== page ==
Young immigrants to Canada at greater risk of developing IBD

Young immigrants to Canada at greater risk of developing IBD

The younger a person is when they immigrate to Canada, the higher their risk of developing inflammatory bowel disease (IBD), and its major subtypes Crohn's disease and ulcerative colitis, according to a study by researchers at the University of Ottawa, the Institute for Clinical Evaluative Sciences and the Children's Hospital of Eastern Ontario. [More]
MedUni Vienna experts recommend regular colonoscopy screening to prevent bowel cancer

MedUni Vienna experts recommend regular colonoscopy screening to prevent bowel cancer

Bowel cancer is one of the most common types of cancer. The prognosis depends greatly on the stage at which the tumour is discovered. Colonoscopy is regarded as the best method for identifying pre-cancerous changes. If these changes are treated promptly, the disease can be stopped in its tracks. [More]
Better understanding of stomach's response to infection could lead to therapies against gastric damage

Better understanding of stomach's response to infection could lead to therapies against gastric damage

A better understanding of the stomach's immune response to Helicobater pylori (H. pylori) infection could lead to new therapies targeting damage in the stomach, report researchers in the March issue of Cellular and Molecular Gastroenterology and Hepatology, the basic science journal of the American Gastroenterological Association. [More]
Biomarker for compilation of Risk Score for non-alcoholic steatohepatitis

Biomarker for compilation of Risk Score for non-alcoholic steatohepatitis

40 percent of people in the EU suffer from non-alcoholic steatohepatitis (fatty liver disease), a disease which is becoming increasingly more frequent as a result of diabetes and excess weight in an affluent society. Currently, it is not possible to forecast the further course of the disease - right up to cirrhosis and cancer of the liver. Furthermore, an increased risk of heart attack and kidney damage exists. In future, this should become possible using a Risk Score with different biomarkers. [More]
Hitachi Aloka Medical announces release of Ultrasound Bone Densitometry System at ECR 2015

Hitachi Aloka Medical announces release of Ultrasound Bone Densitometry System at ECR 2015

Mr Minoru Yoshizumi, President of Hitachi Aloka Medical Ltd., Tokyo, Japan, is pleased to announce the release of EggQus, an extraordinary compact, portable Ultrasound Bone Densitometry System at the European Radiology Congress. Delegates will have the opportunity to see and test EggQus at the Hitachi Medical Systems booth 323, Expo C. [More]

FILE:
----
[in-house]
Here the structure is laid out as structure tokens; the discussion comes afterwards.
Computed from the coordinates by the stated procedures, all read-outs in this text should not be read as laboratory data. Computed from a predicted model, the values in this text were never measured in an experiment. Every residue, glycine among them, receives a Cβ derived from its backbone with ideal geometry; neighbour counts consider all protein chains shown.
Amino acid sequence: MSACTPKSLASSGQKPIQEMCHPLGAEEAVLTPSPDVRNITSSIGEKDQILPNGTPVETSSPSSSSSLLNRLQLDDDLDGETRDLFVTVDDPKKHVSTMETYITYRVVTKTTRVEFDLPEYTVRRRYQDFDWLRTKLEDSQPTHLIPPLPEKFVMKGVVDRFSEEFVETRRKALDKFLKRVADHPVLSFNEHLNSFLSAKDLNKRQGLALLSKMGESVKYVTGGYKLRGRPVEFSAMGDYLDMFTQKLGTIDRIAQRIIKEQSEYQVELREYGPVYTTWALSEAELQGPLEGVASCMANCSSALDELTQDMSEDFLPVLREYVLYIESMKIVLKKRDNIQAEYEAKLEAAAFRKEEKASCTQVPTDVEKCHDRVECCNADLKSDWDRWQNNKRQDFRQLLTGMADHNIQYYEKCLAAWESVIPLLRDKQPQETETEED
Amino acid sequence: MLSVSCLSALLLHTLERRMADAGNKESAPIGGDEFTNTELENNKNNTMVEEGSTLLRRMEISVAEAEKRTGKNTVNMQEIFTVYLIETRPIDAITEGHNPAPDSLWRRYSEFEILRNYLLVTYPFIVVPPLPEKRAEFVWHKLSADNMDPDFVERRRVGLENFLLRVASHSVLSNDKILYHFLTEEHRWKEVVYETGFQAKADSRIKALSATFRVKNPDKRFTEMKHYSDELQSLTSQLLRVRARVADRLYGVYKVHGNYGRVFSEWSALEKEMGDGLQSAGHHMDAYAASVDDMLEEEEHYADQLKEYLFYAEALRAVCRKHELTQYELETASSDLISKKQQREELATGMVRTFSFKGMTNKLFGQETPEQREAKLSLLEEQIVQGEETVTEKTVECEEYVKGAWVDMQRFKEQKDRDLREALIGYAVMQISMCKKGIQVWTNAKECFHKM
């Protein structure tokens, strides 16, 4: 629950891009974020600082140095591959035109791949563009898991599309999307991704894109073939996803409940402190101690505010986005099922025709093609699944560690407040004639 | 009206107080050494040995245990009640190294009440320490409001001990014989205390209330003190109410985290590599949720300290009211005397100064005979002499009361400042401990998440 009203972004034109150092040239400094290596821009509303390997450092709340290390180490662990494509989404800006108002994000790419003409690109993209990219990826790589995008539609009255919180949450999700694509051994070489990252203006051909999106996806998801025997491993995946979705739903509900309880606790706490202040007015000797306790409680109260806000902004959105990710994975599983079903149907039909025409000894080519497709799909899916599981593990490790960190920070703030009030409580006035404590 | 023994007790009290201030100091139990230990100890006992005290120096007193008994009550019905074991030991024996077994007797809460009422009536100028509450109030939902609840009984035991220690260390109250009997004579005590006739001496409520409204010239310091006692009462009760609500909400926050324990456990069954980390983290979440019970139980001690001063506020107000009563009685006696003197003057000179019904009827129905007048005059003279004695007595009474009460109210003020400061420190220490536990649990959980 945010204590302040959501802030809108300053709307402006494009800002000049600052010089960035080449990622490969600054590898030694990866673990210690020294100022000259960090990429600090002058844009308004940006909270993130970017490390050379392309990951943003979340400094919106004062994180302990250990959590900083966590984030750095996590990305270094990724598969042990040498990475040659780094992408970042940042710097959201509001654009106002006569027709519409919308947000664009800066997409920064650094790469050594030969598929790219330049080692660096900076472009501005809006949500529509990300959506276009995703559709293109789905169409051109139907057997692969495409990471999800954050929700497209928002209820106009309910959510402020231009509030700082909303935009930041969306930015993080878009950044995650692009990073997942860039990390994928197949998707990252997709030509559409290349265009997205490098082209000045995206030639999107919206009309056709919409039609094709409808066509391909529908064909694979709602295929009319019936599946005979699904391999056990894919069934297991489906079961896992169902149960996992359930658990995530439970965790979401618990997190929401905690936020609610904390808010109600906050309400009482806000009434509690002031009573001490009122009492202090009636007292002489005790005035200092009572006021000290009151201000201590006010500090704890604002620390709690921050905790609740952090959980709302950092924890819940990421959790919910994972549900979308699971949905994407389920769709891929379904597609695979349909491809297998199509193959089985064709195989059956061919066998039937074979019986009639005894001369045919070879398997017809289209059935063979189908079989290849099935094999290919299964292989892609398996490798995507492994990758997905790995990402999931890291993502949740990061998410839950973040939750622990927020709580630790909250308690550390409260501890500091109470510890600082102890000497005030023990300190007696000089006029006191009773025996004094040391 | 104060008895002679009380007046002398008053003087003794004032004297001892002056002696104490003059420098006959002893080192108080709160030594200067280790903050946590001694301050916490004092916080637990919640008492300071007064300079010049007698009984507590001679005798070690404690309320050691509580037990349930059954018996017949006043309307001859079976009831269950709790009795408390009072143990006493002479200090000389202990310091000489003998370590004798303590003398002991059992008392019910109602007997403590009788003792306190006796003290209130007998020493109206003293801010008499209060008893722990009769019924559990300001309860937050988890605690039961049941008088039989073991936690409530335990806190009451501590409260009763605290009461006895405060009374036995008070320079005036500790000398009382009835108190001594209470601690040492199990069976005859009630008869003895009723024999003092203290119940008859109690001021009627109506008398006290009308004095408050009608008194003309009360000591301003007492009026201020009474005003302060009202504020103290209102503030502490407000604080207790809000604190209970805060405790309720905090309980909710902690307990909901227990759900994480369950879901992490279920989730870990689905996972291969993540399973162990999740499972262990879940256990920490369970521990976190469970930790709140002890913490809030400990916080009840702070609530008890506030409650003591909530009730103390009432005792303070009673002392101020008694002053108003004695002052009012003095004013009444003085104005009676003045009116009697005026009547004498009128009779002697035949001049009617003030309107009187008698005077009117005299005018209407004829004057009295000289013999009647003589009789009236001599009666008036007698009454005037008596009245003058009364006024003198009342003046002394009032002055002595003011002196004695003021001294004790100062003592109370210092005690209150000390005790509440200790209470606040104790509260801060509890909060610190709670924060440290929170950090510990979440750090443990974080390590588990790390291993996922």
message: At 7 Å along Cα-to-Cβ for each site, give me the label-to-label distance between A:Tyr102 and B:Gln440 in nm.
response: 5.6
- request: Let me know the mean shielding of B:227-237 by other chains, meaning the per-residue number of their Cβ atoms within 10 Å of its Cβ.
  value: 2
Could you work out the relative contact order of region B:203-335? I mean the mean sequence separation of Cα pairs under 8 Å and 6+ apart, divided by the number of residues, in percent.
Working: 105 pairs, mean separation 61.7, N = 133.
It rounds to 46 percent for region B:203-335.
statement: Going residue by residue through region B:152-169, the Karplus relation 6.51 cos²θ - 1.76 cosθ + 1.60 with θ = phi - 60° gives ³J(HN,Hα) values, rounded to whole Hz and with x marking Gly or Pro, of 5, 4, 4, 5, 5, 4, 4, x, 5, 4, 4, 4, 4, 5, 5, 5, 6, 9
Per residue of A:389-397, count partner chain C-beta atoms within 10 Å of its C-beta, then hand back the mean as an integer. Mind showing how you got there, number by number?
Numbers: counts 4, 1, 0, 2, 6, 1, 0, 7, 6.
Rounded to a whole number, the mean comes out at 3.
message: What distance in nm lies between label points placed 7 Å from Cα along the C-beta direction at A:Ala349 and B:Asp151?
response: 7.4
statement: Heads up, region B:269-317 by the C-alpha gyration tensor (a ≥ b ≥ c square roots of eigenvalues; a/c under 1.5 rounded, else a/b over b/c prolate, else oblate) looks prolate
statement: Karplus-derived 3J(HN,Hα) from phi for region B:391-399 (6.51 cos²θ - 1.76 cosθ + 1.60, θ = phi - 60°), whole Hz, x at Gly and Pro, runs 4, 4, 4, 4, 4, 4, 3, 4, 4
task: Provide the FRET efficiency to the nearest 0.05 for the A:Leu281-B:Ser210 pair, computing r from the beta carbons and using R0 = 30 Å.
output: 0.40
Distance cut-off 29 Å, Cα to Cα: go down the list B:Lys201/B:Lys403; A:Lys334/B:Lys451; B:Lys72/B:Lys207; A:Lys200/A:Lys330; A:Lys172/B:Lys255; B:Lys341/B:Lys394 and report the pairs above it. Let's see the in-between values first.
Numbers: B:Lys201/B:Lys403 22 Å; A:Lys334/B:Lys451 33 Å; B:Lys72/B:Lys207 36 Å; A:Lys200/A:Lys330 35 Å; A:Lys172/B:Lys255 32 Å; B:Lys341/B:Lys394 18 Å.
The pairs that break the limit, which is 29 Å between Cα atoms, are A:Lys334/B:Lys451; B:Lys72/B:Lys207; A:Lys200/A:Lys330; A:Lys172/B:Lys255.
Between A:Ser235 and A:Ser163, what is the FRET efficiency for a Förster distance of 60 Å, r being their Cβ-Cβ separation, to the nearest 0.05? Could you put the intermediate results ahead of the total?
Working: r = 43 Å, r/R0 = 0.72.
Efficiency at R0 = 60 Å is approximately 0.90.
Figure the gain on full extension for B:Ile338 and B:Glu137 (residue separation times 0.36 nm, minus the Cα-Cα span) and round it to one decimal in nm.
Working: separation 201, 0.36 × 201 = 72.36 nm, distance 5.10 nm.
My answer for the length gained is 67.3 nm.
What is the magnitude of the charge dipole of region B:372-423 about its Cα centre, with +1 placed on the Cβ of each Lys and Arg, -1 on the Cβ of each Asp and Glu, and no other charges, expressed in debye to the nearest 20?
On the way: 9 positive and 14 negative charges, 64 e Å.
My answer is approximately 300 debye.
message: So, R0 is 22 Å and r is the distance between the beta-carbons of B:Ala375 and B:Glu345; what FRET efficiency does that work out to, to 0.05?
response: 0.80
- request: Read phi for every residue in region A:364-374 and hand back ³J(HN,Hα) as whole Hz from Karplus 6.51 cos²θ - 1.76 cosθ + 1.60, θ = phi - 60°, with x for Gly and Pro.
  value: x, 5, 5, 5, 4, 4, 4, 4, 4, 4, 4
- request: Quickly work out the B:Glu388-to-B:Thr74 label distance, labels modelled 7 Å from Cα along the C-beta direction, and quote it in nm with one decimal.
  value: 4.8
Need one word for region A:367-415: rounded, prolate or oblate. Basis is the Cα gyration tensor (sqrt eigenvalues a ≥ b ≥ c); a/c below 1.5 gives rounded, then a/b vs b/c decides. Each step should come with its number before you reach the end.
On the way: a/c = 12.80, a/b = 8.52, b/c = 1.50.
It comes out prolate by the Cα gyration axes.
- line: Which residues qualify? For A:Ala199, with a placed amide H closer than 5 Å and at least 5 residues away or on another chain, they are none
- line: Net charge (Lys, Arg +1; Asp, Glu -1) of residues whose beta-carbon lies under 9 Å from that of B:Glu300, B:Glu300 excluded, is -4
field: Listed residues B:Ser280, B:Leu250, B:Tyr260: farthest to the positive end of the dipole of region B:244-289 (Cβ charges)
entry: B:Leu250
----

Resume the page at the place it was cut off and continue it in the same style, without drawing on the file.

OTC medications, dietary and herbal supplements cause drug-induced acute liver failure

OTC medications, dietary and herbal supplements cause drug-induced acute liver failure

Drug-induced acute liver failure is uncommon, and over-the-counter medications and dietary and herbal supplements -- not prescription drugs -- are its most common causes, according to new research from the Perelman School of Medicine at the University of Pennsylvania. [More]
Physicians urge households to add 'clean my medicine cabinet' to Spring cleaning chores list

Physicians urge households to add 'clean my medicine cabinet' to Spring cleaning chores list

After marijuana and alcohol, the most commonly abused drugs by those over the age of 14 are prescription and over-the-counter medications. [More]
NYU Langone reminds people about importance of screening and preventing colorectal cancer

NYU Langone reminds people about importance of screening and preventing colorectal cancer

According to the U.S. Centers for Disease Control and Prevention, colorectal cancer is the second leading cause of cancer death in the United States. However, according to Mark Pochapin, MD, the Sholtz/Leeds professor of Gastroenterology and director of the Division of Gastroenterology at NYU Langone Medical Center : "With early screening and prevention, this is one cancer that is highly curable and often preventable." [More]
FDA approves LILETTA (levonorgestrel-releasing intrauterine system) to prevent pregnancy

FDA approves LILETTA (levonorgestrel-releasing intrauterine system) to prevent pregnancy

Actavis plc, a leading global specialty pharmaceutical company, and Medicines360, a nonprofit women's health pharmaceutical company, today announced the approval of LILETTA (levonorgestrel-releasing intrauterine system) by the U.S. Food and Drug Administration for use by women to prevent pregnancy for up to three years. [More]
AGA receives gift to support young investigators advance into neuroenteric disease research

AGA receives gift to support young investigators advance into neuroenteric disease research

The American Gastroenterological Association Research Foundation has received a generous gift from prominent San Francisco philanthropist Athena Blackburn, which will create new research opportunities for young investigators who are interested in neuroenteric disease. [More]